Such accounts are consistent with the previous discussion: by merely hearing Dhamma an animal can benefit spiritually, such as being reborn in heaven, but they cannot advance on the Buddhist path until they have developed sufficient understanding which, for the most part, requires a human birth. Buddhaghosa elsewhere maintains that genuine spiritual advancement requires a "concurrence of circumstances" such as "existence as a human being, the rise of the Buddha, and the stability of the good law, etc." (Atth 80). He is clear, therefore, that being a human being is a condition for actual progress on the path to Nirvana.

In one passage in the Vinaya, the Buddha expels a monk from the Sangha because the monk was found to be an animal in disguise as a human. In the story, a Naga (a snake person) decides that he wishes to escape his miserable animal fate so he transforms--through magic--into a human and, through his duplicity, joins the monastic order. The Buddha soon uncovers this plot and declares, "...You serpents are not liable to growth in this Dhamma and discipline" (Vin-MV 1 111). The Buddha maintains that serpents--and therefore, presumably, other animals--cannot properly practice Dhamma. This appears to be the case even in instances where animals have a willingness do so. The Buddha seems to be of the view that animals may wish to practice Dhamma but ultimately lack the ability. However, they can improve their lot through annual religious observances: "...You, serpent, go away, observe the Observance Day (poya), precisely on the fourteenth, fifteenth, and eighth day of the half month. Thus you will be freed quickly from birth as a serpent and get back to human status" (ibid).

There are other examples in the Vinaya of animals participating in religious observances. Take, for example, the case of the elephant who picks lotuses from a pond and gives them to the Buddha (Vin MV 6 292). This attitude towards animals in the Vinaya is consistent with the view of the Jataka where animals frequently go about doing good deeds in accordance with Buddhist doctrine (Appleton Narrating 30). In the Jataka, animals are treated as being of similar intelligence to human beings. They are able to participate in morally edifying activities and are thus able to be reborn in a better circumstance (ibid). However, even in the Vinaya and Jataka it is typical that animals can merely be reborn in better circumstances because of their actions--they cannot accelerate quickly on a path towards nibbana which, as Buddhaghosa maintains, requires a human birth. So while the Vinaya and Jataka are forgiving of animals they are also consistent with the sutta literature which holds that understanding is necessary. The best possible situation is that an animal may engage in merit cultivation, which may be achieved either intentionally or unintentionally. Monastic informants focused in particular on unintentional merit cultivation through accidental acts of veneration.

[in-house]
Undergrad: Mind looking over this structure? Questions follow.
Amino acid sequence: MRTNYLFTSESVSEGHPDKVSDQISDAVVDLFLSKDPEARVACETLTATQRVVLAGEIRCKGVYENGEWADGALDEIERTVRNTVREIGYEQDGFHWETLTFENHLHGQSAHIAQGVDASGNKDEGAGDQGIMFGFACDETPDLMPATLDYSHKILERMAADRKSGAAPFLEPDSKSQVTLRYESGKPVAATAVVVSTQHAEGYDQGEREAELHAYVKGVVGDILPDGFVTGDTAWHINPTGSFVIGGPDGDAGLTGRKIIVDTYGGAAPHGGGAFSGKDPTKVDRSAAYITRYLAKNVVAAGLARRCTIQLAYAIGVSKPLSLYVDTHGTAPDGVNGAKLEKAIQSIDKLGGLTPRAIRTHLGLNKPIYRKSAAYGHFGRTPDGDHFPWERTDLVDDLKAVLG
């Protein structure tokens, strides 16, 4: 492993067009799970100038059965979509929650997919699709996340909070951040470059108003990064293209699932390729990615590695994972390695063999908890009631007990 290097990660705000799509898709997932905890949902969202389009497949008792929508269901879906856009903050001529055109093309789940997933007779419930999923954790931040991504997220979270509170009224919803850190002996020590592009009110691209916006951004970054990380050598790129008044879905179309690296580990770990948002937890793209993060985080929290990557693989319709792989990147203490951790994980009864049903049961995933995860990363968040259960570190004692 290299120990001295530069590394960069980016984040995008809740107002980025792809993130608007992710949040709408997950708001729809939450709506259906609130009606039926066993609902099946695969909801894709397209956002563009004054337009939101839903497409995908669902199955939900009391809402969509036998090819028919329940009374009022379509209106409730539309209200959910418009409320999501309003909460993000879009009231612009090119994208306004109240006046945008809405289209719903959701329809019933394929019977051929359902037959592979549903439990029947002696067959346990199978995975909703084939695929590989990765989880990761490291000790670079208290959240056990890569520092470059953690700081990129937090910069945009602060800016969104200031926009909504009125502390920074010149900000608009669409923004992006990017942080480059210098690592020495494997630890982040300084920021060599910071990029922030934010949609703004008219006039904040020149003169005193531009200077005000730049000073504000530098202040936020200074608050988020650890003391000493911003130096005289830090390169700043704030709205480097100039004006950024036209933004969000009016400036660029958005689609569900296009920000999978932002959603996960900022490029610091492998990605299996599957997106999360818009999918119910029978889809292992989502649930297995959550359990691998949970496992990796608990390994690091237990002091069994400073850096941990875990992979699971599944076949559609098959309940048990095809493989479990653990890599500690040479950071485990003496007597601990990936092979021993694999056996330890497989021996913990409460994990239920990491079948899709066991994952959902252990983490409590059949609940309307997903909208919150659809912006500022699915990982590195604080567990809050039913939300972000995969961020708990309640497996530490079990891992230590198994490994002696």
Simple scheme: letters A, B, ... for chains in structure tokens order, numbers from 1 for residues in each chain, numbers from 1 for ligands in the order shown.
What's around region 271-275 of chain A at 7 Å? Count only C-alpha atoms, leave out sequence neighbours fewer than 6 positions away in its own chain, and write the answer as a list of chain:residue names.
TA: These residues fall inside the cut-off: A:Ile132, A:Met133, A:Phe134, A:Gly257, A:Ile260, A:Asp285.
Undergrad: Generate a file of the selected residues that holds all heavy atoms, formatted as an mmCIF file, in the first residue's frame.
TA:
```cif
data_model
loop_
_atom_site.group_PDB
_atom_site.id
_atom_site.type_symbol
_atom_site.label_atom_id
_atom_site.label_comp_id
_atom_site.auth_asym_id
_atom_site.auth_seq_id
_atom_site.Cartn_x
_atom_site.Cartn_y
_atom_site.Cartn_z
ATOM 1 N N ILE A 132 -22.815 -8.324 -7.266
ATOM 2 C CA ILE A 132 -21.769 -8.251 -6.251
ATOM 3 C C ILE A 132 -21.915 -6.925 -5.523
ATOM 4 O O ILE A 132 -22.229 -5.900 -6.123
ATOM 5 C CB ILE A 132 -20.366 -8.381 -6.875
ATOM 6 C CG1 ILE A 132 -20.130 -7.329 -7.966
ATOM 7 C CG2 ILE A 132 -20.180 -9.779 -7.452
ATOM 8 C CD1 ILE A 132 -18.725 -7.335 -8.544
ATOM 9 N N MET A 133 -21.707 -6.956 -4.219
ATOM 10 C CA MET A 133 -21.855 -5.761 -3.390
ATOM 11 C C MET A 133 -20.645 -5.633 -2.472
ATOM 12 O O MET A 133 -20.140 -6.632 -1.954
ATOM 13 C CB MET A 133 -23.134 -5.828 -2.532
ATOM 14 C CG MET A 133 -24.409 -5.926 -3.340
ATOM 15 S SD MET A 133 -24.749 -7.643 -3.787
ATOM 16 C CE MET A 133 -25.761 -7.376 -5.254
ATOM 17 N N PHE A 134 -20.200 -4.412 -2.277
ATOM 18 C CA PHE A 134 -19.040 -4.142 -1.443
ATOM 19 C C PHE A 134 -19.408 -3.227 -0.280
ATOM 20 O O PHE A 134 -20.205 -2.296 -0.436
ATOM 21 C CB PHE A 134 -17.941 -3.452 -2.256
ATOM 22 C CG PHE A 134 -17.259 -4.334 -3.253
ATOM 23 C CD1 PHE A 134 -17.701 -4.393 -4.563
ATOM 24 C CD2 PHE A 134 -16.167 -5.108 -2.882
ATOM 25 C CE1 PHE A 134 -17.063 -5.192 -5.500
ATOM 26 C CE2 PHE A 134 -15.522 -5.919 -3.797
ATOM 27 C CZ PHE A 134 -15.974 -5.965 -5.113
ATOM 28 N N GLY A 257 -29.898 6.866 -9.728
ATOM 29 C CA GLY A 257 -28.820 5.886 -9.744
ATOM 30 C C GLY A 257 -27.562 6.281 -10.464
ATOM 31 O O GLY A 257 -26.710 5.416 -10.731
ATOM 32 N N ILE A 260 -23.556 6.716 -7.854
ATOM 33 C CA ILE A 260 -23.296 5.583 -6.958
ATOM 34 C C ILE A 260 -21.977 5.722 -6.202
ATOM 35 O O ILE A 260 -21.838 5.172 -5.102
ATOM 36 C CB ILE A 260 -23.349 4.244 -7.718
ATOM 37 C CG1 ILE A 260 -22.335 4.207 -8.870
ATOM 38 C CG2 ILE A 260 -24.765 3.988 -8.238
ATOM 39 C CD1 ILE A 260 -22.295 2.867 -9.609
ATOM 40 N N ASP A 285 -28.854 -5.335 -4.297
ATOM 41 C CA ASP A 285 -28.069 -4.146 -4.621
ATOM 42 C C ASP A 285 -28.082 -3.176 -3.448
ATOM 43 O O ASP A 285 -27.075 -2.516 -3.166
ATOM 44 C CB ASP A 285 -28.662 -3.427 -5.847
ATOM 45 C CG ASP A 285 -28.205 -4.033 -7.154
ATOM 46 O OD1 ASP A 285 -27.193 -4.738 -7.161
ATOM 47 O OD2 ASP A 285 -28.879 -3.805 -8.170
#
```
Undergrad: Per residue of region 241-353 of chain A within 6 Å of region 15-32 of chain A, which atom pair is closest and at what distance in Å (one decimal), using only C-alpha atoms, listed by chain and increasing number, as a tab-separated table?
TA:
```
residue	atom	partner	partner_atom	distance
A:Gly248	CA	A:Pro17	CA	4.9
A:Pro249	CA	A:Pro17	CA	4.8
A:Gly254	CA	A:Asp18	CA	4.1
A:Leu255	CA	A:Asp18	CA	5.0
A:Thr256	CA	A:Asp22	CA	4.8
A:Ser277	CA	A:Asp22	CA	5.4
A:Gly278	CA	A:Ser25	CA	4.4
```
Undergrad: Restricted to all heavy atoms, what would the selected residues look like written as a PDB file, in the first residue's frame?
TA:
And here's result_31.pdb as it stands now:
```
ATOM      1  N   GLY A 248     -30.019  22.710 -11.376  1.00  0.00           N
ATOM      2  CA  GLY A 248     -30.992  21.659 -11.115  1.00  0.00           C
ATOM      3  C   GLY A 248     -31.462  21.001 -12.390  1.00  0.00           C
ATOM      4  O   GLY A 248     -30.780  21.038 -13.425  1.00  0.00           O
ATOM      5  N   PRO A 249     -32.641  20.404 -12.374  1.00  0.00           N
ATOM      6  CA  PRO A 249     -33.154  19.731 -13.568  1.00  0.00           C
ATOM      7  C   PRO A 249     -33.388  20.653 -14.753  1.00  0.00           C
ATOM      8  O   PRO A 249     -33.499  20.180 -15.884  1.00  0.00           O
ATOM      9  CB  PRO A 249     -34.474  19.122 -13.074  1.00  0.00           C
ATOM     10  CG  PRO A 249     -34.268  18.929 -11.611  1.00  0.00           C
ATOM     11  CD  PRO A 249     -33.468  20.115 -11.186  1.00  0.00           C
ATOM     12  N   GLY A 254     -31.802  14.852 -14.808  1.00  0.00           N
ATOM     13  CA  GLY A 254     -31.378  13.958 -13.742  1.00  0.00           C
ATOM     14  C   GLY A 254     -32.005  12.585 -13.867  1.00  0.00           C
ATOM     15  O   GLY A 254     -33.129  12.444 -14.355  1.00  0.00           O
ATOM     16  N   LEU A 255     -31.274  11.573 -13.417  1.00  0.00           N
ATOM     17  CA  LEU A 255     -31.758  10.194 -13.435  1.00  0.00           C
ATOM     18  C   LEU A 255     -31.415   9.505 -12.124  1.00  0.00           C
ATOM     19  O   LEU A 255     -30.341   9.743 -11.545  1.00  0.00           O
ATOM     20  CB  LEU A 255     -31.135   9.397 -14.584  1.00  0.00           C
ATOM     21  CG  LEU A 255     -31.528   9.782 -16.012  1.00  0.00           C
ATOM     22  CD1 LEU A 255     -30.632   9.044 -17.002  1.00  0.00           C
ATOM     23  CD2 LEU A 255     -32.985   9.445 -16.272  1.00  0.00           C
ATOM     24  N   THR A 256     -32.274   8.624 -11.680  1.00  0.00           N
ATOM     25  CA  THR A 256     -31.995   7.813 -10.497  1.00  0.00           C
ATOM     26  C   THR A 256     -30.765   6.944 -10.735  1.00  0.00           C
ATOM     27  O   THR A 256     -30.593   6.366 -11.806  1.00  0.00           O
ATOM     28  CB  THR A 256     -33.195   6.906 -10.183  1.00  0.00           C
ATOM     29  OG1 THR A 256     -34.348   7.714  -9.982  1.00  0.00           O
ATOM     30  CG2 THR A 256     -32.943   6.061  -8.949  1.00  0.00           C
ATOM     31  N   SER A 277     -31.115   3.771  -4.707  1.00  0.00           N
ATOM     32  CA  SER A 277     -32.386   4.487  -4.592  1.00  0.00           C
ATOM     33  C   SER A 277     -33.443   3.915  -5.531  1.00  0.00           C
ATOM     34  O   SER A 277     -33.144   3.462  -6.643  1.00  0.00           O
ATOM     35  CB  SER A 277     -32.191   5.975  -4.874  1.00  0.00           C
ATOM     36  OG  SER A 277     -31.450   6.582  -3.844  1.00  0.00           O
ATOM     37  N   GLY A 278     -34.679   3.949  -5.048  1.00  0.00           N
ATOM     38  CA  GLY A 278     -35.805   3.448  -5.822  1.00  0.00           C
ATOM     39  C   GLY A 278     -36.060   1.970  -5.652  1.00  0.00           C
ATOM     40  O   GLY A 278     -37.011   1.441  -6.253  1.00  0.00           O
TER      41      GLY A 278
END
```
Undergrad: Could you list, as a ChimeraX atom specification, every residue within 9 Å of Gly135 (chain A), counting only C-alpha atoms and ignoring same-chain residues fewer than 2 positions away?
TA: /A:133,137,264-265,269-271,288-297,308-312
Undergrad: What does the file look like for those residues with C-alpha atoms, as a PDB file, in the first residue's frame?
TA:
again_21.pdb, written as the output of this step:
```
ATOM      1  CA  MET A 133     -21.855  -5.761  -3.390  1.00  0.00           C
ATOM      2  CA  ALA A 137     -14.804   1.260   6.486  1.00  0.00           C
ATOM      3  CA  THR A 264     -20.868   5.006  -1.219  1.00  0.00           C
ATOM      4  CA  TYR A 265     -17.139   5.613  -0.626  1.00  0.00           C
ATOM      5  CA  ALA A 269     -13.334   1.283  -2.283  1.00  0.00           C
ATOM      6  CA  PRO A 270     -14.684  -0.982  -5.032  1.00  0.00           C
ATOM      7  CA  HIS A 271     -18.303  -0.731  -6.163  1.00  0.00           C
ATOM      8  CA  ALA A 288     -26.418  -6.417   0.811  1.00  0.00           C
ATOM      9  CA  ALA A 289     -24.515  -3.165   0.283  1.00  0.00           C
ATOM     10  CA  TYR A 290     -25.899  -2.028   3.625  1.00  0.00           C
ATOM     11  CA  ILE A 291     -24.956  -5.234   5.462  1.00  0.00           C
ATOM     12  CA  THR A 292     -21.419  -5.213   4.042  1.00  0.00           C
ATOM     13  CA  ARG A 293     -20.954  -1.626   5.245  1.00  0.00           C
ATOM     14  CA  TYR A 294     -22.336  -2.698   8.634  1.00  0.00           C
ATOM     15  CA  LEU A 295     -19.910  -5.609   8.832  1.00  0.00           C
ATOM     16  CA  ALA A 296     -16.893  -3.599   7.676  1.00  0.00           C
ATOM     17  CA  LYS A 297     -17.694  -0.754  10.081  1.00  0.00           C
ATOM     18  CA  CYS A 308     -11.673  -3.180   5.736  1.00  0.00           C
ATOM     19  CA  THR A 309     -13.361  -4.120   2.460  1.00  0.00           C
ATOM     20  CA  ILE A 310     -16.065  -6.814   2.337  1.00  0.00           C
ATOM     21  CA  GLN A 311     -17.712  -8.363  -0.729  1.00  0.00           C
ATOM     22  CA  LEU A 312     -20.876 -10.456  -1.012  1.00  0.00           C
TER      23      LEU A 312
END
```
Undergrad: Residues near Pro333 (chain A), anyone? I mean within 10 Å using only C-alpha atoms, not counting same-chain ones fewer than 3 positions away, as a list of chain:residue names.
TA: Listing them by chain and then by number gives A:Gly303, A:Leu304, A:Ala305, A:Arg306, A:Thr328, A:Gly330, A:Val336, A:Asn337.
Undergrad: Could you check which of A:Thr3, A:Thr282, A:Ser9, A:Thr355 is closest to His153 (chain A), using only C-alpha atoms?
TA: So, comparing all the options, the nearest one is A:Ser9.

Faith is also a condition for genuine spiritual advancement. As Rotman notes, there is the possibility that animals can be roused to have faith in the Dhamma, though it would seem that this occurs in only rare circumstances (278). The rarity--near impossibility--of animals advancing enough to have faith in the Dhamma is confirmed by Appleton whose analysis of the Buddhist Jatakas leads her to conclude that sometimes events arise such that animals achieve a state of "mental calm" conducive to peace. Nonetheless, the scriptural evidence is that animals are too overcome with baser desires to be able to conjure faith in the Buddha's teaching (Narrating 29). Faith in the Dhamma requires the type of second order engagement that is mostly beyond the capabilities of the average animal. Her research confirms, however, that the condition for this peace is "...made possible by the proximity of the Buddha or hearing a few words of his teaching" (36). This further confirms just how potent the Dhamma is--even unintentionally hearing the Dhamma can have positive effects. Such encounters can lead animals to perform good deeds, produce merit and, through this mechanism, have the possibility of a better rebirth.